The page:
It has been a long tradition in our Catholic faith that the first part of the Easter Vigil Rites is celebrated in darkness. Darkness, as I have experienced it in our liturgy is but a personal invitation of Christ to be in solidarity with him nourished by the word of God, reminding us of our ancestors’ faith journey… a journey of hopeful anticipation of their future liberation.
My dear brothers and sisters, we are now enjoying the glory of forty days of Lenten observance. We are now reaping the fruit of our sacrifices through abstinence, fasting, alms giving and other forms of penitential acts. And tonight we are professing that CHRIST IS RISEN! The LORD IS RISEN! (Let us give Christ around applause as we greet him in his triumphant resurrection.)
My dear friends darkness is over, and new rays of hope is being given to us.
While we are celebrating the glory of Christ’s resurrection, my attention is caught by the two disciples walking to Emmaus. Three days after Christ’s crucifixion, these two disciples decided to go on a journey. They were sad and downtrodden because Jesus their master was crucified and died a criminal’s death. Another factor that contributes with their sadness is the fact that they lost their hope. Covered with sadness, they forget what Christ has told them about resurrection. I think, they were really hurt, and they carried the pain…they are actually experiencing darkness, of loosing someone who is very dear to them. On their journey, they were so silent, a disturbing one that even Jesus needs to ask: why are you sad? Steven Covey, the author of the 7 Habits (for family edition) said that the “greatest longing of a human person is to be understood.” Jesus while on the journey with his disciples did exactly what Covey said, by asking what happened, He then understood what these two disciples were passing through.
The challenge of Christ’s resurrection is for us to be able to understand our faith in order to remain faithful to our baptismal promises. Without knowing it, we have immersed ourselves into the restlessness of this modern world; we have busied ourselves to uplift our lives, leaving a little time for God. In this Easter celebration, we are again invited to rediscover our identity as children of God. Pope Benedict XVI said in his 2011 Lenten Message that the “journey of conversion towards Easter leads us to rediscover our baptism”. It is actually rediscovering the grace of the cross, that is our salvation and rediscovering the grace of resurrection, that is new life. Through the sacrament of baptism, we received the grace of salvation and the grace of new life in Christ.
Allow me to ask this question: How many of us today understand the message of Christ resurrection through rediscovering God’s grace in our life? The two disciples actually rediscovered Christ in the breaking of the bread, so to mean that the sacraments specifically the Holy Eucharist is an event of rediscovery in our present time. I am deeply touched with you and to all those who appreciate the meaning and importance of the Holy Eucharist as part of your lives. Jesus, the Risen one is continuously manifesting his triumph over death through the sacraments, the living symbol of his love on earth.
Many would say that our world is characterize with malice and deception, but actually it is not, our world is characterize with the love of God, and that love is just waiting to be rediscovered, Mary Magdalene in our gospel reading was a sinful woman, she then discovered her worth as a human person in the loving eyes of God…and eventually Mary Magdalene re-discovered the risen Christ. It was the love in Mary’s heart that led her to discover that there was life after Christ death.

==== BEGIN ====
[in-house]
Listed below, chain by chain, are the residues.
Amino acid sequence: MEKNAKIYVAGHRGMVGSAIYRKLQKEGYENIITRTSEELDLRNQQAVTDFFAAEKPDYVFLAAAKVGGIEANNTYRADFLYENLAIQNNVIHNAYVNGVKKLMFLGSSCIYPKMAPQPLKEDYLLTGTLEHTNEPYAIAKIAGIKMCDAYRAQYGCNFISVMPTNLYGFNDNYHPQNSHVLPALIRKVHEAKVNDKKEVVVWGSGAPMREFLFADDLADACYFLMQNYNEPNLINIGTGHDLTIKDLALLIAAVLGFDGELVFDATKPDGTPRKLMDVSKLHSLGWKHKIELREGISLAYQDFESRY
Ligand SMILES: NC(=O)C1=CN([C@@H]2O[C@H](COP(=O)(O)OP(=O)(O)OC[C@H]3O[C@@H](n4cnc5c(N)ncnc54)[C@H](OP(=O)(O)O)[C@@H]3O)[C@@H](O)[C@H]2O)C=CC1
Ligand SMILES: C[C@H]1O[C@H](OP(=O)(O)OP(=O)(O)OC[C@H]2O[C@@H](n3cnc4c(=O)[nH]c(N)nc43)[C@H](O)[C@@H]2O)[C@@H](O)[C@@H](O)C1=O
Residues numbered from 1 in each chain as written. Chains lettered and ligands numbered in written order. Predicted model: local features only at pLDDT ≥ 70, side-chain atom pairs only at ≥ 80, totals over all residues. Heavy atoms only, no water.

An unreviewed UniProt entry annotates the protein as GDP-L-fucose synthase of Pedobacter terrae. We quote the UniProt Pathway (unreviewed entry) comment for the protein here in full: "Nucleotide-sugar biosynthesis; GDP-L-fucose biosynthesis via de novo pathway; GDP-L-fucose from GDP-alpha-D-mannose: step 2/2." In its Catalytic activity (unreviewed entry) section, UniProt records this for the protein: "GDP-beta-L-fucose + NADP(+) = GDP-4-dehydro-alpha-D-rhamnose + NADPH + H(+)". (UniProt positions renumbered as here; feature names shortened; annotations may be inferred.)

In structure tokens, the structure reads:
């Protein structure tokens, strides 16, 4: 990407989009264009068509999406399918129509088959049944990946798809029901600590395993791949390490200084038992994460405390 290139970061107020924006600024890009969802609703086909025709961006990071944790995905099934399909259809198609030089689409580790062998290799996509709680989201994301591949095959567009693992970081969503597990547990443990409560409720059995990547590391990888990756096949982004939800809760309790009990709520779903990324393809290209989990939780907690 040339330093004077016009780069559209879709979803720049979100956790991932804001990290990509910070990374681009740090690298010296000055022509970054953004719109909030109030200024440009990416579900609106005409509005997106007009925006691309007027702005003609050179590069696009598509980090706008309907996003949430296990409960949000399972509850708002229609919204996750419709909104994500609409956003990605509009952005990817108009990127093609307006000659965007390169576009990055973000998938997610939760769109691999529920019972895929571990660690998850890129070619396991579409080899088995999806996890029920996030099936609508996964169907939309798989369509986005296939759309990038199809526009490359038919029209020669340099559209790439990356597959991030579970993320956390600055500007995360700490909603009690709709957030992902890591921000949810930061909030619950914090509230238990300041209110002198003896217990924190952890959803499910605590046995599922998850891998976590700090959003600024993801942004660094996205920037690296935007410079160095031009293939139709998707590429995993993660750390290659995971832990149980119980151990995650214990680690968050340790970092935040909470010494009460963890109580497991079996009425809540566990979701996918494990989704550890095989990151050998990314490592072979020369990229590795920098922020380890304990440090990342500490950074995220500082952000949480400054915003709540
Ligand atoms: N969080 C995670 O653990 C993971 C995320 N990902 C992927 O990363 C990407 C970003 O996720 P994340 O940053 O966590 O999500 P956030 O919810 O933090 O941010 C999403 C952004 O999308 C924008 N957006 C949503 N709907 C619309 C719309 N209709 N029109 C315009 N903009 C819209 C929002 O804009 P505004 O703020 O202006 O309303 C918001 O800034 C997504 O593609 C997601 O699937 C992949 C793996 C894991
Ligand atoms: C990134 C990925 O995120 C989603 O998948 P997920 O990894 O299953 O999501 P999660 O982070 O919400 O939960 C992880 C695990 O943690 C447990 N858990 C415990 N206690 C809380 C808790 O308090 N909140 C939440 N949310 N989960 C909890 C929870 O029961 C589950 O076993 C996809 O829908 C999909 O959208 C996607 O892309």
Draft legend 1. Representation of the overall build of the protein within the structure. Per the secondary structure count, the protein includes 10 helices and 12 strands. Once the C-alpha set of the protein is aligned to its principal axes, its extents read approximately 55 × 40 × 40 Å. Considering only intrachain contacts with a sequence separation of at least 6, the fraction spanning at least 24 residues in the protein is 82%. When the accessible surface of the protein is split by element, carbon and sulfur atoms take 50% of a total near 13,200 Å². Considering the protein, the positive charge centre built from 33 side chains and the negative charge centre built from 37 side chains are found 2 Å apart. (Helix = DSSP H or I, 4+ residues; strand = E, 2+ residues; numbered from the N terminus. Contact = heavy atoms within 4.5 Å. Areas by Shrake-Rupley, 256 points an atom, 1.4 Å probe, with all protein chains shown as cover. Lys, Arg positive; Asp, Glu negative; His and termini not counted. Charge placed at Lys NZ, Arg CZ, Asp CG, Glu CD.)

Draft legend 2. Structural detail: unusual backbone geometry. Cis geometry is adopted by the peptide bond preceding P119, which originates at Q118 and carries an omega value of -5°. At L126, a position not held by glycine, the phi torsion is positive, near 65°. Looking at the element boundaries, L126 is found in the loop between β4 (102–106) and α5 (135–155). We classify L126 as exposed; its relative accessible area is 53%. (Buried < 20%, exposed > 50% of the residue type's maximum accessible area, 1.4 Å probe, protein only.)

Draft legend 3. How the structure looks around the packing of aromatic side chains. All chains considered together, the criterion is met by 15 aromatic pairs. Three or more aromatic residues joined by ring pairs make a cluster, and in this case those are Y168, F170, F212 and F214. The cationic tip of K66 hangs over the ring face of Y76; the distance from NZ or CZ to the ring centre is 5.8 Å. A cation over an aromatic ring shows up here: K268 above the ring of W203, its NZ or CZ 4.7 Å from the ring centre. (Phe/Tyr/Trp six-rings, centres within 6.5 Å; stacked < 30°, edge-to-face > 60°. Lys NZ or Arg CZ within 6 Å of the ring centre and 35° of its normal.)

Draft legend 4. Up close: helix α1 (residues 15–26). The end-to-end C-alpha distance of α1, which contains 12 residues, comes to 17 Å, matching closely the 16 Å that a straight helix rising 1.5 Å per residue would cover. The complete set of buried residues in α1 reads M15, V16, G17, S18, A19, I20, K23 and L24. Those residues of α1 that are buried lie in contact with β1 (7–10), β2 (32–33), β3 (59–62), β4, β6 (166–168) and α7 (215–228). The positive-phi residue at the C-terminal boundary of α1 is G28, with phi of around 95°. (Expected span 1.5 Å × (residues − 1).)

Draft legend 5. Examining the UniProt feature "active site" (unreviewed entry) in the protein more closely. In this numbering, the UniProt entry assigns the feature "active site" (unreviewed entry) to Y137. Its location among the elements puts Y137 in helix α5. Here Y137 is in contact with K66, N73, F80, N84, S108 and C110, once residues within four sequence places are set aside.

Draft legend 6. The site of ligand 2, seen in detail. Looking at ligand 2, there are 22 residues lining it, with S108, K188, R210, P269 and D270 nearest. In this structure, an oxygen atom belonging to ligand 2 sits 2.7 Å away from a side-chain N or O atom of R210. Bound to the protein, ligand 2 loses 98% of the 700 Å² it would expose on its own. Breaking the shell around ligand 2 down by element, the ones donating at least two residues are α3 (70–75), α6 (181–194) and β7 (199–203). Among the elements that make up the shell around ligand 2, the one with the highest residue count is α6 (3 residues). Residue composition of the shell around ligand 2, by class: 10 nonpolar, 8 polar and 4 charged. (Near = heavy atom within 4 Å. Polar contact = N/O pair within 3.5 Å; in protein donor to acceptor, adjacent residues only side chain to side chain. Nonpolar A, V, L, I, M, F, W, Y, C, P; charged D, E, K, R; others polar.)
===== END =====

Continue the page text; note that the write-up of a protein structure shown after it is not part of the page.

We have to make many rediscoveries in our faith. (Gospel for the 2nd Sunday of Easter) We have to rediscover the peace that Christ is giving to each of us. The disciples fearing the Jews after Jesus death locked themselves in a room. Jesus said “Peace be with you”, that peace is a heartwarming message of encounter between Jesus’ disciples and Jesus himself. On that very moment, Jesus offering reconciliation and a new beginning for those who come to him through the sacrament of reconciliation.
We have to discover again that Jesus is the only way to the Father, He is the only way to salvation. Jesus is the Good Shepherd. He is the way, the truth and the life. My dear friends believe in this “Jesus said: I am the way, and whoever enters through me will be saved (John 10:9). Sad to say, there are few individuals who would like to alter the plan of God, disguise in their concern for the welfare of women, but selfishness motivates their hearts.
My dear brothers and sisters, as we celebrate today the greatest feast of our faith, the resurrection of our Lord Jesus Christ, we are challenged to understand the core of our faith, the faith which has been handed to us. Understanding our faith leads to discovery of our life with God. When we are so conscious of our day to day living, there is something more. If rediscovering God asks us to search for him just like what Mary Magdalene does when she arrived at the empty tomb then let us hurry looking for Jesus while we have still the time.
Now darkness is over, we are now covered with light. Jesus has crossed the bridge of death to new life. This easter season, let us continue pray for one another…and let us together offer praises of thanksgiving for all the blessings that we have received in our lives. The eucharist that we are celebrating right now doesn’t end, it must continue radiating in our life through humble service to one another.
As we welcome Christ, the Risen One, I pray that God our Almighty Father will bless you on this solemn Feast of Easter and protect you against all sin and through the resurrection of His Son, may God granted us His healing and fulfill his promises and bless you with eternal life. Amen.
– Fr. Ronald Thomas “Archie” A. Cortez, SRC